Tuesday, July 5, 2011

OMIG Legislation Reform

As the economic downturn continues to make federal dollars to not-for-profit agencies serving people with disabilities more and more difficult to attain, federal offices are taking steps to reduce fraud and waste. The Office of the Medicaid Inspector General (OMIG) is the investigation and enforcement arm of Medicaid and is responsible for initiating audits and levying penalties when fraud is uncovered. However, many agencies, not for profit service providers and funding agencies like OPWDD consider OMIG audits to be excessively punitive and over-reaching in their zeal to recover or eliminate funds to said agencies. Advocates for reining in the OMIG have complained that agencies found to be guilty of even the minutest instances of mistaken billing have been too severely reprimanded through the imposing of heavy fines and penalties. While acts of blatant and purposeful fraud need to be uncovered and the guilty punished, the OMIG has been accused of being extremely heavy handed and punitive when meting out judgments for alleged mistakes in billing for reimbursements for delivered services. Additionally, allegations of abusive and dismissive treatment towards staff members, not allowing agencies to repair or correct minor and unintentional episodes of mistaken billing and incomplete explanations of alleged violations, have also been of grave concern to agencies under audit.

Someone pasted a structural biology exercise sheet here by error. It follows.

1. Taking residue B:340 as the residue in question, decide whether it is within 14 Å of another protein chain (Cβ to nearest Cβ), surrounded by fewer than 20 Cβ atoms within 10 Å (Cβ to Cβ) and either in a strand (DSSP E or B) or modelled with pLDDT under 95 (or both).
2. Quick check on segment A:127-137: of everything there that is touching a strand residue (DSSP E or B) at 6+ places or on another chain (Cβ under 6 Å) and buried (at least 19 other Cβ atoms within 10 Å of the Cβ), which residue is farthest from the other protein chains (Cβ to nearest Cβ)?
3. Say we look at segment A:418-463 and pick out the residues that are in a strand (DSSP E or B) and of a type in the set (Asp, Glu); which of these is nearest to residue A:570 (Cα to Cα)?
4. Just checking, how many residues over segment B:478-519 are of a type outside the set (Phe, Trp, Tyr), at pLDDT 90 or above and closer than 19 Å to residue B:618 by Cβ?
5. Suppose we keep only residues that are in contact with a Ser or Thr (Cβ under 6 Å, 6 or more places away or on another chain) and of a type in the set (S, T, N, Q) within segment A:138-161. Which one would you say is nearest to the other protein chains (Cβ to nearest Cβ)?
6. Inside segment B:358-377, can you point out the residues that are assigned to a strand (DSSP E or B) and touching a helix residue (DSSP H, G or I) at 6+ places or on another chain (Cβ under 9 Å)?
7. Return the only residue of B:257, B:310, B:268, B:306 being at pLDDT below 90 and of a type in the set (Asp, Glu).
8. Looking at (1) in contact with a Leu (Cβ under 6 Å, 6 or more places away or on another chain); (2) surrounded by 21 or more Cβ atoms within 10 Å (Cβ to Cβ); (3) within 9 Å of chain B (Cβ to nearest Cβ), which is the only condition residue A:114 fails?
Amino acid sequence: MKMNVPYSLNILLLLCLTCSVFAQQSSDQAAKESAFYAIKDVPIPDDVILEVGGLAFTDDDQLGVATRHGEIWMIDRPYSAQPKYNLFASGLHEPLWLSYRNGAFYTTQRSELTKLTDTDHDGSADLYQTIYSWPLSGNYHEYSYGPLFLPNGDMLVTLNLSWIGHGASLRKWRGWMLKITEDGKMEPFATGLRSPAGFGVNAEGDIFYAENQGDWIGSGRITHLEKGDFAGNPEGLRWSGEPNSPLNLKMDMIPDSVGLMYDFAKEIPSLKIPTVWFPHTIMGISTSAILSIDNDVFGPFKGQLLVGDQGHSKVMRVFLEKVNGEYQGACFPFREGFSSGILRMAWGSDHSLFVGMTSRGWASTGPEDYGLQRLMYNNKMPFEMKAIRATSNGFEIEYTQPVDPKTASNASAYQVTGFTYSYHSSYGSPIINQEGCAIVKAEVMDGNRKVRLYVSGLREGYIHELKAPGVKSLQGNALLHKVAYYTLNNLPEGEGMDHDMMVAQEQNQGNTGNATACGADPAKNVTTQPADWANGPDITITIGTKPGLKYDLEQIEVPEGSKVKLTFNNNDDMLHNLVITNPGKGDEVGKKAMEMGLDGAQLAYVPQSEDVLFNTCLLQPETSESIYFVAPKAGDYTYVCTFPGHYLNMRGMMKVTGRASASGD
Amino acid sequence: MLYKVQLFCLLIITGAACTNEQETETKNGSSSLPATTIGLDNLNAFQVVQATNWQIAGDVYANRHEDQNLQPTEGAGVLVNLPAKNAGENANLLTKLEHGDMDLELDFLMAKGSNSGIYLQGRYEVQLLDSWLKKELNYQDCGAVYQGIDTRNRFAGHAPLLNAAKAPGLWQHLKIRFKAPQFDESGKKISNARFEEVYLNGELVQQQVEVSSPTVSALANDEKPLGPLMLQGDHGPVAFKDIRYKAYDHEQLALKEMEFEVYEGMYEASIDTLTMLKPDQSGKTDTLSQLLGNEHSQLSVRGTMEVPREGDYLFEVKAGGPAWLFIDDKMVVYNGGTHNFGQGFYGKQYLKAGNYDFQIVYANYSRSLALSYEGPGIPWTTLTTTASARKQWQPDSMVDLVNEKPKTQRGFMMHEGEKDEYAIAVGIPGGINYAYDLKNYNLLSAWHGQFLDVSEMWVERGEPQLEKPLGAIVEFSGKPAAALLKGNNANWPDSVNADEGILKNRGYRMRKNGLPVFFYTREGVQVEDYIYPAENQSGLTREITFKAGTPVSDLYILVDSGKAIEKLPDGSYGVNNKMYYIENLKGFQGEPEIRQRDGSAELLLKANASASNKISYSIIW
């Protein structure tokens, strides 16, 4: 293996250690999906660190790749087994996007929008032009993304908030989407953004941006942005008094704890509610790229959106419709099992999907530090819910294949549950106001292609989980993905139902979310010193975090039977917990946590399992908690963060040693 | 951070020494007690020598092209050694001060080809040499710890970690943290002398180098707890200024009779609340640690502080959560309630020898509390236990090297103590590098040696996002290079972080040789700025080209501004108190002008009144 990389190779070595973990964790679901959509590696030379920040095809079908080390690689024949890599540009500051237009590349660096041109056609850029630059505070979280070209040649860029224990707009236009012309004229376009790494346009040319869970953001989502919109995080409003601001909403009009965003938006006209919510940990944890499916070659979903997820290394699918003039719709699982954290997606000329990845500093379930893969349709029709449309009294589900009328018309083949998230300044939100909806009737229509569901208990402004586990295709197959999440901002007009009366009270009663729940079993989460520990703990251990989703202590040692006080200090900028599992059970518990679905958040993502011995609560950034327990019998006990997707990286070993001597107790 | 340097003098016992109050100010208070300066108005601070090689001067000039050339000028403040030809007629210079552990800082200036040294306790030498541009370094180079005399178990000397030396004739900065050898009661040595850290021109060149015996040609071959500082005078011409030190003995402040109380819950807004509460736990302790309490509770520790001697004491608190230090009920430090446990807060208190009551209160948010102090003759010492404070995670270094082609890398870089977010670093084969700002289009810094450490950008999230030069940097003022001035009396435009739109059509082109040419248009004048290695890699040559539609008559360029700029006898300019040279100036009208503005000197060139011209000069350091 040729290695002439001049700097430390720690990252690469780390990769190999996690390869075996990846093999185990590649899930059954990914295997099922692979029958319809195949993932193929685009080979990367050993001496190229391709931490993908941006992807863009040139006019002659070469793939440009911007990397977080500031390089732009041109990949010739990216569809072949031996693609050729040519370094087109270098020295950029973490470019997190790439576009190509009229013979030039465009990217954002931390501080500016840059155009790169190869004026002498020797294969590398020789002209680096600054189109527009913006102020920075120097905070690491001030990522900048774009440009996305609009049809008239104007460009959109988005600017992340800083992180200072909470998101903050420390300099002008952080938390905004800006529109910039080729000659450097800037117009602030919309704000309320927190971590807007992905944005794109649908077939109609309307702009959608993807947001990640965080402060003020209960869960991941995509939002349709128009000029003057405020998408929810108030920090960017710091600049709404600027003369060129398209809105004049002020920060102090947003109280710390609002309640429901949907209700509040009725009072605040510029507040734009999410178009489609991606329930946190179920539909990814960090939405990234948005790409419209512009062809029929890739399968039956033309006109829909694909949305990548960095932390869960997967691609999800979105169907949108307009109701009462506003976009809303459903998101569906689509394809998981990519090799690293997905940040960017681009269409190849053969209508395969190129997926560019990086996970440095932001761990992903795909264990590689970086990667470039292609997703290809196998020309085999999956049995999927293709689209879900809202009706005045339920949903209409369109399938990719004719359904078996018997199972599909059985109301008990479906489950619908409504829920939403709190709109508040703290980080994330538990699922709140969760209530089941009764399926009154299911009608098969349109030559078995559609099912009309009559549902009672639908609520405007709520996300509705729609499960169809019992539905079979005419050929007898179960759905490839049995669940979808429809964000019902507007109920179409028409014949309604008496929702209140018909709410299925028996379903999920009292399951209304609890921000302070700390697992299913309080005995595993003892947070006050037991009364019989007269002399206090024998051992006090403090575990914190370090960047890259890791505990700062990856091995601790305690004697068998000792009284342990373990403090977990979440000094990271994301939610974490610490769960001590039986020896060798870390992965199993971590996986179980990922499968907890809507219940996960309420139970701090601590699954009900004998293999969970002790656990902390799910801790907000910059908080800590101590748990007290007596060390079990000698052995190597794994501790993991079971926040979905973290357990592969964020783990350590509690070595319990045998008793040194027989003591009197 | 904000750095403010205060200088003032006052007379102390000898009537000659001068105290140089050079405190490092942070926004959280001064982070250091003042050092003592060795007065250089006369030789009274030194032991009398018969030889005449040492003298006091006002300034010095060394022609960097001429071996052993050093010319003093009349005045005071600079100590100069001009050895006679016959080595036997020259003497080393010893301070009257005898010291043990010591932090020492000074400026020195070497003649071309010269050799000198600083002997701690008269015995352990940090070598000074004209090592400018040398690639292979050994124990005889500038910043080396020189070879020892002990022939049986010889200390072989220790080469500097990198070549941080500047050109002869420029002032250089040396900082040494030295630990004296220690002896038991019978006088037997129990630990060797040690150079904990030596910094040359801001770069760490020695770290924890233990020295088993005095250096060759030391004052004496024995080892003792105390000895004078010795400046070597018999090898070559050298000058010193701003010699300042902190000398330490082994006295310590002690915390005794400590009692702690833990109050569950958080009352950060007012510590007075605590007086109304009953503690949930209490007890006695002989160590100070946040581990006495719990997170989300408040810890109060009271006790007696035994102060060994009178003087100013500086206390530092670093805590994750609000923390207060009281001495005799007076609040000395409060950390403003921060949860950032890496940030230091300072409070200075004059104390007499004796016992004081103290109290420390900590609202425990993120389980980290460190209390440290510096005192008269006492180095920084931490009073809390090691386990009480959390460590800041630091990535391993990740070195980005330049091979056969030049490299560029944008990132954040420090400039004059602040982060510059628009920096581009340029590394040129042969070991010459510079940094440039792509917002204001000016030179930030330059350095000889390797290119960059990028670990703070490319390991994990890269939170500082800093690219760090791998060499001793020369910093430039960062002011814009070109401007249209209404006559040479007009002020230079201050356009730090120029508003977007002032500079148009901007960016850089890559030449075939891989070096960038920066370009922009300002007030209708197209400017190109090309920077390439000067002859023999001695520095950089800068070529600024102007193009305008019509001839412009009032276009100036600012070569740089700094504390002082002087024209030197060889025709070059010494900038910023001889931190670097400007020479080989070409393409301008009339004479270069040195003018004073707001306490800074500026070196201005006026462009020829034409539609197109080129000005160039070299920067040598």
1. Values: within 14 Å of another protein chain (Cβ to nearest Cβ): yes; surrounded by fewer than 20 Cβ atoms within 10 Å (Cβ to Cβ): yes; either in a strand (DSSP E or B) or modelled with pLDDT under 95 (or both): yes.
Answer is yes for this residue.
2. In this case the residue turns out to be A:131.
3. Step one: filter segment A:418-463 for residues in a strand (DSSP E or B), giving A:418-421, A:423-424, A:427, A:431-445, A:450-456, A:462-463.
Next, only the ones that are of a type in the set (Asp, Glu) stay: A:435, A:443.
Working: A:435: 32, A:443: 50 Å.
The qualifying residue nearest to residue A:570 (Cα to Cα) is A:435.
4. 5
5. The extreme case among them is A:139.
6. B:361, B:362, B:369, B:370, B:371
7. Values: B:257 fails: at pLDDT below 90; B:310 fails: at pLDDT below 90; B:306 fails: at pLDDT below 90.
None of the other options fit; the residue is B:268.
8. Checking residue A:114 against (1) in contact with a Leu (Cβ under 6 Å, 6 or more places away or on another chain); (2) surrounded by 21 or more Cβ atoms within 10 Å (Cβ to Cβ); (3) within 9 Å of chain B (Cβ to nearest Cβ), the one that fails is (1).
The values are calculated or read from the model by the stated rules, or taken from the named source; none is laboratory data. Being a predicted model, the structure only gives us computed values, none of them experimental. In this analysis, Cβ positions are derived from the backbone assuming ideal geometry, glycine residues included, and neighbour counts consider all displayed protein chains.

Legislation to provide due process protections for providers and recipients of Medicaid who come under the scrutiny of OMIG passed both houses of the Legislature in June. The long awaited measure, also known as OMIG reform, will provide for fair practices, procedures and standards for actions if signed by Governor Cuomo. We will be carefully monitoring this situation and will report any additional developments as they occur.

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